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Volume 64, 1935
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The Geology of the Glenomaru Survey District, Otago, New Zealand.

[Read before the Otago Institute, November 14th, 1933; received by the Editor, May 30th, 1934; issued separately March, 1935.]

Contents.

  • Introduction

  • Previous Work.

  • Summary of General Geology.

  • Summary of Stratigraphy.

  • Detailed Stratigraphy.

  • A. The Coastal Succession.

  • (i) The Middle Triassic System.

  • (ii) The Ladino-Carnic, Carnic, and Rhaetic Series.

  • (iii) The Jurassic System.

  • B. Notes on the Inland Occurrences.

  • Petrology.

  • A. Detailed Description of Pebbles from Conglomerates.

  • B. General Remarks on the Nature of the Pebbles.

  • Geomorphogeny.

  • General.

  • Coastal Features.

  • Acknowledgment.

  • Bibliography.

Introduction.

The district described comprises an area of some 40 square miles, lying on the east coast of the South Island of New Zealand, about 80 miles south of Dunedin, Otago. The township of Owaka lies in the south-western portion of the area, in a fairly extensive and low-lying basin through which meanders the Owaka River. Until comparatively recent years the whole district, except the lower-lying parts, was covered with dense beech and pine forests, and although most of these have now been removed by the local sawmillers, the slopes of the higher ridges and some of the more isolated areas still remain in their natural wooded state.

The field work was carried out in the earlier part of 1932, and comprised both the geological mapping and the contouring of the whole area. Some good sections were obtained both in the railway cuttings and on the coast, the one in Roaring (Shaw) Bay being especially noteworthy, as it is the classical exposure of the Triassic sediments in New Zealand.

The petrographic section of this paper deals almost exclusively with the pebbles from the Triassic and Jurassic conglomerates, but the writer hopes to submit for publication shortly an account, with several analyses, of the greywackes and slates occurring in the area.

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Previous Work.

W. L. Lindsay, as early as 1862 (p 30), examined the rocks immediately south-west of Nugget Point, and recognised their Triassic age, while Alexander McKay, in 1873, also collected fossils at this and other localities throughout the area. Two years later F. W. Hutton placed the beds at Roaring Bay in the Maitai formation, which he considered to be of Triassic age; the rocks between Roaring Bay and Cannibal Bay he included in the Putataka formation, to which he assigned a Lower Jurassic age. In 1903 Professor Park and Mr A. Hamilton visited the coastal section, and the former investigator in the following year published a detailed section of the Roaring Bay sequence, and a generalised section of the coast from Kaka Point (5 miles north of Nugget Point) to the mouth of the Catlins River (5 miles south-west of Nugget Point). He also listed and described the fossils which he collected during this visit.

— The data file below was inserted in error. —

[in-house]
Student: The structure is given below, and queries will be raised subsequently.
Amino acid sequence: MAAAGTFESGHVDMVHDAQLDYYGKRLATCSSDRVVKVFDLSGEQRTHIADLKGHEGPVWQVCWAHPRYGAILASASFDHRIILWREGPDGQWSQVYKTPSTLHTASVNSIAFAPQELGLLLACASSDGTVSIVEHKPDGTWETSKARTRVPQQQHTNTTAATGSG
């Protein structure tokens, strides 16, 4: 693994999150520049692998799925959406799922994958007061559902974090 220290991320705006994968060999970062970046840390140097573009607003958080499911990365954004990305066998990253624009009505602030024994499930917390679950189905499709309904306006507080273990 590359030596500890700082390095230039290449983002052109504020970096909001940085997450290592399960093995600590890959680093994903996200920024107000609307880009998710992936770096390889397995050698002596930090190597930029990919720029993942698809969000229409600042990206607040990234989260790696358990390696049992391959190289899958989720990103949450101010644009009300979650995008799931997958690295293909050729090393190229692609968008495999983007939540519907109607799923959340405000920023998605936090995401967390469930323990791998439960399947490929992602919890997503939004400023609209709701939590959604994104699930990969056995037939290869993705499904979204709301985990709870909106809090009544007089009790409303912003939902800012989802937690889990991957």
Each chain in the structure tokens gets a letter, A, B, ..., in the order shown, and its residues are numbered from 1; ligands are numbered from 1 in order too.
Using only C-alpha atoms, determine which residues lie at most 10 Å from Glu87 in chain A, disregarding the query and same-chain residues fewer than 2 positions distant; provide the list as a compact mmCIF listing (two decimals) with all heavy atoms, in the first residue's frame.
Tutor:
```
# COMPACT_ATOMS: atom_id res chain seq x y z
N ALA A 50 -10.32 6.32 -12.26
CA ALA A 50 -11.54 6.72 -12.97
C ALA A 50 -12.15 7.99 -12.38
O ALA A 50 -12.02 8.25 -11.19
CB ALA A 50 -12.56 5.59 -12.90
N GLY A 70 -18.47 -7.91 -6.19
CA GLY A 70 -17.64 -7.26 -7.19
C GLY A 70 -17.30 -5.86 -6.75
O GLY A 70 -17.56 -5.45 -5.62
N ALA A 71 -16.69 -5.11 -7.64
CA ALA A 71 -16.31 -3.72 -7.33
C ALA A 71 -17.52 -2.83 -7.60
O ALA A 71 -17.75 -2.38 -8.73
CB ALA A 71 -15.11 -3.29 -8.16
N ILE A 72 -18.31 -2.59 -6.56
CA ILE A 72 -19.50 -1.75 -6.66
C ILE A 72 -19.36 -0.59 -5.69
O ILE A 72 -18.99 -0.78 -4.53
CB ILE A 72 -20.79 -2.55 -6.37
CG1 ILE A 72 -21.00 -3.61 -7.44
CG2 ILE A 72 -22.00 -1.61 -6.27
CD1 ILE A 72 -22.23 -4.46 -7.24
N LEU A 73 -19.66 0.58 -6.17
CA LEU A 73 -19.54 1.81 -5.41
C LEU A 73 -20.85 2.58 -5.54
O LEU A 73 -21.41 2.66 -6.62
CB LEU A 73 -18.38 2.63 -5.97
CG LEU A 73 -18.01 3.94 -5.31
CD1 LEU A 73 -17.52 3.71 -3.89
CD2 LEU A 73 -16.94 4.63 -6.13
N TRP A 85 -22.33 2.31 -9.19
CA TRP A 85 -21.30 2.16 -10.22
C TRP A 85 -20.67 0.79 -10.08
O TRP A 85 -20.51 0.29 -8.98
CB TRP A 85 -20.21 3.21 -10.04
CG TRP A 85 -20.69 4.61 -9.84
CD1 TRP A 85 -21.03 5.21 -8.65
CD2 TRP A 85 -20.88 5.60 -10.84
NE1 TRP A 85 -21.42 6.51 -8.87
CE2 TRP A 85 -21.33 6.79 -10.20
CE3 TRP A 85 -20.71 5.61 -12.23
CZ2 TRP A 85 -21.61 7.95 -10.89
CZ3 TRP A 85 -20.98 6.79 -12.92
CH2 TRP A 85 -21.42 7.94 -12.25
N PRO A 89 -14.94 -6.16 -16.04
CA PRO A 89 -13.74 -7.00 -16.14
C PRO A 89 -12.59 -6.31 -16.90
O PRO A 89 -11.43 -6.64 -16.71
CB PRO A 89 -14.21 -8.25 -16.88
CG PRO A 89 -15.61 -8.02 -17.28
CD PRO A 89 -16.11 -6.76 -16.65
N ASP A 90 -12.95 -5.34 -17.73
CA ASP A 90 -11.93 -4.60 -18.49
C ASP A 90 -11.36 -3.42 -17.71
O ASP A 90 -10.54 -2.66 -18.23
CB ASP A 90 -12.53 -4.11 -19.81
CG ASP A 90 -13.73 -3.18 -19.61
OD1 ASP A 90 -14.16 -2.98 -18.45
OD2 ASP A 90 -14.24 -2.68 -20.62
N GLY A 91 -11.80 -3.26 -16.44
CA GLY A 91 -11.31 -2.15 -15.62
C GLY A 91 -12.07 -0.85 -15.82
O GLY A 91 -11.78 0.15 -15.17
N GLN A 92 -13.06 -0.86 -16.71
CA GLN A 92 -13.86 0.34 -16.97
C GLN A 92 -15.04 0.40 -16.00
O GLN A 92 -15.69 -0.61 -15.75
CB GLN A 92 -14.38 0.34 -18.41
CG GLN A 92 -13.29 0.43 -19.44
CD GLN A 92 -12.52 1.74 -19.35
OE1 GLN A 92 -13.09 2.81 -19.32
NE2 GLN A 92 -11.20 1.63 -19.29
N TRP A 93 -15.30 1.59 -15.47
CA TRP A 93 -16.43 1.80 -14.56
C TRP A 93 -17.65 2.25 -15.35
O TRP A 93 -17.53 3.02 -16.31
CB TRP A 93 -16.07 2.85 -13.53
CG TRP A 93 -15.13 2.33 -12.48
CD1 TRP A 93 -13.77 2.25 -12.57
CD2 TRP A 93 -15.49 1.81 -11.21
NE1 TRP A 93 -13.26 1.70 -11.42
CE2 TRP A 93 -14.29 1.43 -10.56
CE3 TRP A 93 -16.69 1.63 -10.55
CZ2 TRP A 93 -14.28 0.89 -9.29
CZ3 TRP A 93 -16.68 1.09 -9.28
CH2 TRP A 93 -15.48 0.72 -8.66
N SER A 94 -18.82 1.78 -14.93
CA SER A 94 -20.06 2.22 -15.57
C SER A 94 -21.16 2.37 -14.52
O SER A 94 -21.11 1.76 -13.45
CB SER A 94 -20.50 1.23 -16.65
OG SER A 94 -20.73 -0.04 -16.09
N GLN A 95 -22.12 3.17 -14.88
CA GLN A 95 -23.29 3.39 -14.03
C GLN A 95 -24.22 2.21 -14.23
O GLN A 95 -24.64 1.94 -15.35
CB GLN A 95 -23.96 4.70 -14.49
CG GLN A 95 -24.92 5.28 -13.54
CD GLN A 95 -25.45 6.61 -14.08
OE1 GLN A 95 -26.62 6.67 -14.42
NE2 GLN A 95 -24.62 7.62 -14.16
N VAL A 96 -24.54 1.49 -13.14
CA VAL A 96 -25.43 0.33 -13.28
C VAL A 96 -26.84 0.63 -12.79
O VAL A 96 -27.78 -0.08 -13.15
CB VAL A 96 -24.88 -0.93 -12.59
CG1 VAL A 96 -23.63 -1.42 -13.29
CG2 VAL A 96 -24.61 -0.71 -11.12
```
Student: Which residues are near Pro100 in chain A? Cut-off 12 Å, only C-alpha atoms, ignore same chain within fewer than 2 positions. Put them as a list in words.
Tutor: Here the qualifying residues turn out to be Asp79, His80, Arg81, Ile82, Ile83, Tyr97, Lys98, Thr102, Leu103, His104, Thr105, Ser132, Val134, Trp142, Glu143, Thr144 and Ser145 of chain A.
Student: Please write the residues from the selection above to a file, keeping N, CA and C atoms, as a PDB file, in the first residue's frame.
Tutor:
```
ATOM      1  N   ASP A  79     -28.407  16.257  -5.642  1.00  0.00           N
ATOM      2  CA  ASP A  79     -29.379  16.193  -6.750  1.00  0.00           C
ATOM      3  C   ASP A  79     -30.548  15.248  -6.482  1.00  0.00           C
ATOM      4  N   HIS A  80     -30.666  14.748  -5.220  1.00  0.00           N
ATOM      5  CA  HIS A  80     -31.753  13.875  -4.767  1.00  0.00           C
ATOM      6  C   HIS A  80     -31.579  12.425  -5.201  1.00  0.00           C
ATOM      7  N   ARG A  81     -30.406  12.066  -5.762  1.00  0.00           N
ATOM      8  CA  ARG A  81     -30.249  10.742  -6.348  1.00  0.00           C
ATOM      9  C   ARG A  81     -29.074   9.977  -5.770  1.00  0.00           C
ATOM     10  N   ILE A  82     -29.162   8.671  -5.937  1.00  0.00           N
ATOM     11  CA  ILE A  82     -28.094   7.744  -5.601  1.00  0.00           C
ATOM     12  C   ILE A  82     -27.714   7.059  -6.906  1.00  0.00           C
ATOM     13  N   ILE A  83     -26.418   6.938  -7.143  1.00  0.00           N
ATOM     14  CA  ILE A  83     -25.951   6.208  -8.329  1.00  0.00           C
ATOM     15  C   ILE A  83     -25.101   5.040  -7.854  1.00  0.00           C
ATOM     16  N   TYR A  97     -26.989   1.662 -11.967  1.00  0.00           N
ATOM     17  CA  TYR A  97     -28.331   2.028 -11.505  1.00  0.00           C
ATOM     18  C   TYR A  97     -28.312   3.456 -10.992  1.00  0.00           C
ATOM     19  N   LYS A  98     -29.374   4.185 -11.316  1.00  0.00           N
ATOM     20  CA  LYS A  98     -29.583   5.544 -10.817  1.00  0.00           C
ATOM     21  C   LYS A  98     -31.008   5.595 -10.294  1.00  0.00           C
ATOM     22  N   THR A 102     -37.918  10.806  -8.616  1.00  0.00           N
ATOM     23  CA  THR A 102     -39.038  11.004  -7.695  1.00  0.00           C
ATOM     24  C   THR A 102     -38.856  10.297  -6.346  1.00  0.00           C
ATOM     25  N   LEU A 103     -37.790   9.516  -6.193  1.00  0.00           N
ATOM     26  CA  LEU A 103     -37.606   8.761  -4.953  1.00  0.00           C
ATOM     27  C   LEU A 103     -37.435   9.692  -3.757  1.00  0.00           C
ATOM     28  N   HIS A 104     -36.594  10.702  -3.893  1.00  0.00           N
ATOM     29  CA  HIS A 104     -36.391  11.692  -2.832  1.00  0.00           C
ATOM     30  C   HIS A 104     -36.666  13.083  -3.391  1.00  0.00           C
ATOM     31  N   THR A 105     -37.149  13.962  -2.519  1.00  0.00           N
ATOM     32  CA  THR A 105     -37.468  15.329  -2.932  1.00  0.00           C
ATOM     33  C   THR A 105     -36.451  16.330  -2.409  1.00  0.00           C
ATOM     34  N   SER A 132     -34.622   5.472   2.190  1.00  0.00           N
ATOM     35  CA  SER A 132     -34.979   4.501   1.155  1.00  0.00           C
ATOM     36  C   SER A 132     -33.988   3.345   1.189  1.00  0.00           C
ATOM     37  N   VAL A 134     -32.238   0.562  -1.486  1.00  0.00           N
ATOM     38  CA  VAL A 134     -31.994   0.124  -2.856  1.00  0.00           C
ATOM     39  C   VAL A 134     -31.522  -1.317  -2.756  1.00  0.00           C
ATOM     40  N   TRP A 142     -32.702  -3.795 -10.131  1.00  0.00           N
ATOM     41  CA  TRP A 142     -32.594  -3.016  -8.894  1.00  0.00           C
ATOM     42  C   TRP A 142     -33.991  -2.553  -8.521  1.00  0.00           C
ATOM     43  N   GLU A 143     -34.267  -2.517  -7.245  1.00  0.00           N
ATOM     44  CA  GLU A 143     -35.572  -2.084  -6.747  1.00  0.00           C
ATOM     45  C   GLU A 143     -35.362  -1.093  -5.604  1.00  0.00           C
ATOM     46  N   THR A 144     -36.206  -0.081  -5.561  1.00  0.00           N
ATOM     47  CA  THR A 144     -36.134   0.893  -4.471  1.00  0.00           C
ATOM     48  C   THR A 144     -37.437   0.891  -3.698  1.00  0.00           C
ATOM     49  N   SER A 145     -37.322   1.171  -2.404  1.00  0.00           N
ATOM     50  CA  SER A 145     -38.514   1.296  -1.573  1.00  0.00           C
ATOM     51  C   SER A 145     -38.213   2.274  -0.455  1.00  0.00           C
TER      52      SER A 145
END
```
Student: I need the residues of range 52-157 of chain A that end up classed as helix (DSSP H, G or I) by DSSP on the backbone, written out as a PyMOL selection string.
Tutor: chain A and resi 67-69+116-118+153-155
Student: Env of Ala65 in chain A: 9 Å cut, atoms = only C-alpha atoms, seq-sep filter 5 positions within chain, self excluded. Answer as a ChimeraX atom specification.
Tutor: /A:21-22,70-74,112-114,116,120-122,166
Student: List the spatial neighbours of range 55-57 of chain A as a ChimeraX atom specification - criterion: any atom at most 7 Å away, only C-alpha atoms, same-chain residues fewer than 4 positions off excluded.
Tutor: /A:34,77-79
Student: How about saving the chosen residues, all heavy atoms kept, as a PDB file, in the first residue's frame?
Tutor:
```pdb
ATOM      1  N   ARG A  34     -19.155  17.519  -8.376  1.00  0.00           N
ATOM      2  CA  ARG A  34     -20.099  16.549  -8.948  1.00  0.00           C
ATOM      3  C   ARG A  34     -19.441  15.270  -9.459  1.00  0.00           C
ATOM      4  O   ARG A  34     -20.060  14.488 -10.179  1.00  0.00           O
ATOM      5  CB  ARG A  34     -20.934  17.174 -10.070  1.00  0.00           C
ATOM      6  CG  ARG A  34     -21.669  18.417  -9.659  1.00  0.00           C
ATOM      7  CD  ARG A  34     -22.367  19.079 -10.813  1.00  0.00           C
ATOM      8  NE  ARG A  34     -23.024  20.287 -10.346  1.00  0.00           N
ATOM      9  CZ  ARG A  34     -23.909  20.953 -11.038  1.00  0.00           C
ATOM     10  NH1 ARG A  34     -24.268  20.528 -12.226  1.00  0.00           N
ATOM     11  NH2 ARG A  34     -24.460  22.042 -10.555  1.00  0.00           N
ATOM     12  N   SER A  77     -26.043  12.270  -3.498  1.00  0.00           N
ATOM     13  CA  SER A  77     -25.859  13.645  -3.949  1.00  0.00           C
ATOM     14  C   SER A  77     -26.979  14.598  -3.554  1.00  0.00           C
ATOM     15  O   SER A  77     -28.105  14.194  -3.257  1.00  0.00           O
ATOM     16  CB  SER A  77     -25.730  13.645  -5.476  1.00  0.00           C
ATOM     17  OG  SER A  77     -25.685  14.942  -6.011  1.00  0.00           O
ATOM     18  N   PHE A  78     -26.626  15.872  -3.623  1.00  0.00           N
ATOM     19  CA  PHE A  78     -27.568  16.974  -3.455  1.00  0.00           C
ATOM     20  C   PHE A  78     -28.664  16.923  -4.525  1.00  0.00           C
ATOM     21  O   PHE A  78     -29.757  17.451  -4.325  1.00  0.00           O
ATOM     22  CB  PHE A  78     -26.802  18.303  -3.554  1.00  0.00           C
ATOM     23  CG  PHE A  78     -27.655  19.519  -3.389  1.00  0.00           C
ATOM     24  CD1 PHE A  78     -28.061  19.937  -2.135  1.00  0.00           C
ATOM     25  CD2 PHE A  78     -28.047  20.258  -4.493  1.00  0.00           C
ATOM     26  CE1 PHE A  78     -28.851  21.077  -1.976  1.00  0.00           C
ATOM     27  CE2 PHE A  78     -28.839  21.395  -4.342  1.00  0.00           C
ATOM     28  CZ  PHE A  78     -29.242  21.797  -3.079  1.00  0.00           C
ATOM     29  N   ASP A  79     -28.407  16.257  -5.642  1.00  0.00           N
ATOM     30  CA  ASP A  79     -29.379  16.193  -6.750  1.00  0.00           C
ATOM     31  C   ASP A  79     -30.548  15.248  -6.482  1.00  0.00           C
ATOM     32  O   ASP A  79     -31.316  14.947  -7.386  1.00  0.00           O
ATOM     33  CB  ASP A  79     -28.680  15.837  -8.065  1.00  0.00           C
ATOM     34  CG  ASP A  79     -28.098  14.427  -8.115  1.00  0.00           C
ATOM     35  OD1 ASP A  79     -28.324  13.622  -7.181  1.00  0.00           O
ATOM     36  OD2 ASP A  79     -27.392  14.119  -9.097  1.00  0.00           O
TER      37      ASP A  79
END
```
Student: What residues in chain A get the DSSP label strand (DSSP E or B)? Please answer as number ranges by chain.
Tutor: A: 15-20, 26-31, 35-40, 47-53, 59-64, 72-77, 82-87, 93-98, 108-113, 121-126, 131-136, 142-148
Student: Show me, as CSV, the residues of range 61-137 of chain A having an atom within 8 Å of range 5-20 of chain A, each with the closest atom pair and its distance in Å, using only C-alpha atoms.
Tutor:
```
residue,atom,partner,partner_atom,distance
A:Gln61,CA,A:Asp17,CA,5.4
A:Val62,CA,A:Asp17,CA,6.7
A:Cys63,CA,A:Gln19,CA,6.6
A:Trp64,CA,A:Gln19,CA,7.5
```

Professor R. Speight, in 1904, described the dyke which cuts across the neck of land between Nugget Point promontory and the mainland.

The most recent work carried out in this district was that of Dr C. T. Trechmann, who collected and gave detailed descriptions of fossils from Roaring Bay (Trechmann, 1917). As a result of his palaeontological work he was able to subdivide the Triassic sequence, and to indicate that the Noric beds were missing at this locality, though he remarked that Dr Marshall had found the fossil characteristic of this series (Pseudomonotis) at Glenomaru, 7.½ miles from the coast. Dr Otto Wilckens later (1927) amplified Trechmann's work to some extent by detailed descriptions of the fossil collections from Roaring Bay made by Park and Hamilton in 1903 for the Geological Survey. In 1923 Dr Trechmann also described a few Jurassic fossils collected by Dr Marshall from the beds between Roaring and Cannibal Bays. Some fossil plants from near Owaka, which had been obtained partly by Hector in 1865 and partly by A. McKay in 1873, were described by Dr E. A. N. Arber (1917), who, with hesitation, assigned to them a Rhaetic (?) or Lower Jurassic (?) age.

Marshall (1912) and Cotton (1922) both comment upon the curious pattern of the drainage system of the area.

It will be seen, therefore, that the greater part of the work carried out in the Glenomaru Survey District has been confined to the more exposed coastal regions. The discovery of the plant fossils, and of the Pseudomonotis beds at Glenomaru is all that is available from the inland area.

Summary of General Geology.

The majority of the rocks occurring throughout the area are of Triassic and Jurassic age, although locally these are covered by a superficial veneer of Recent dune sands and alluvium. In the north-eastern half are steeply dipping Triassic and Jurassic members, and in the south-western, gently flexed Jurassic strata.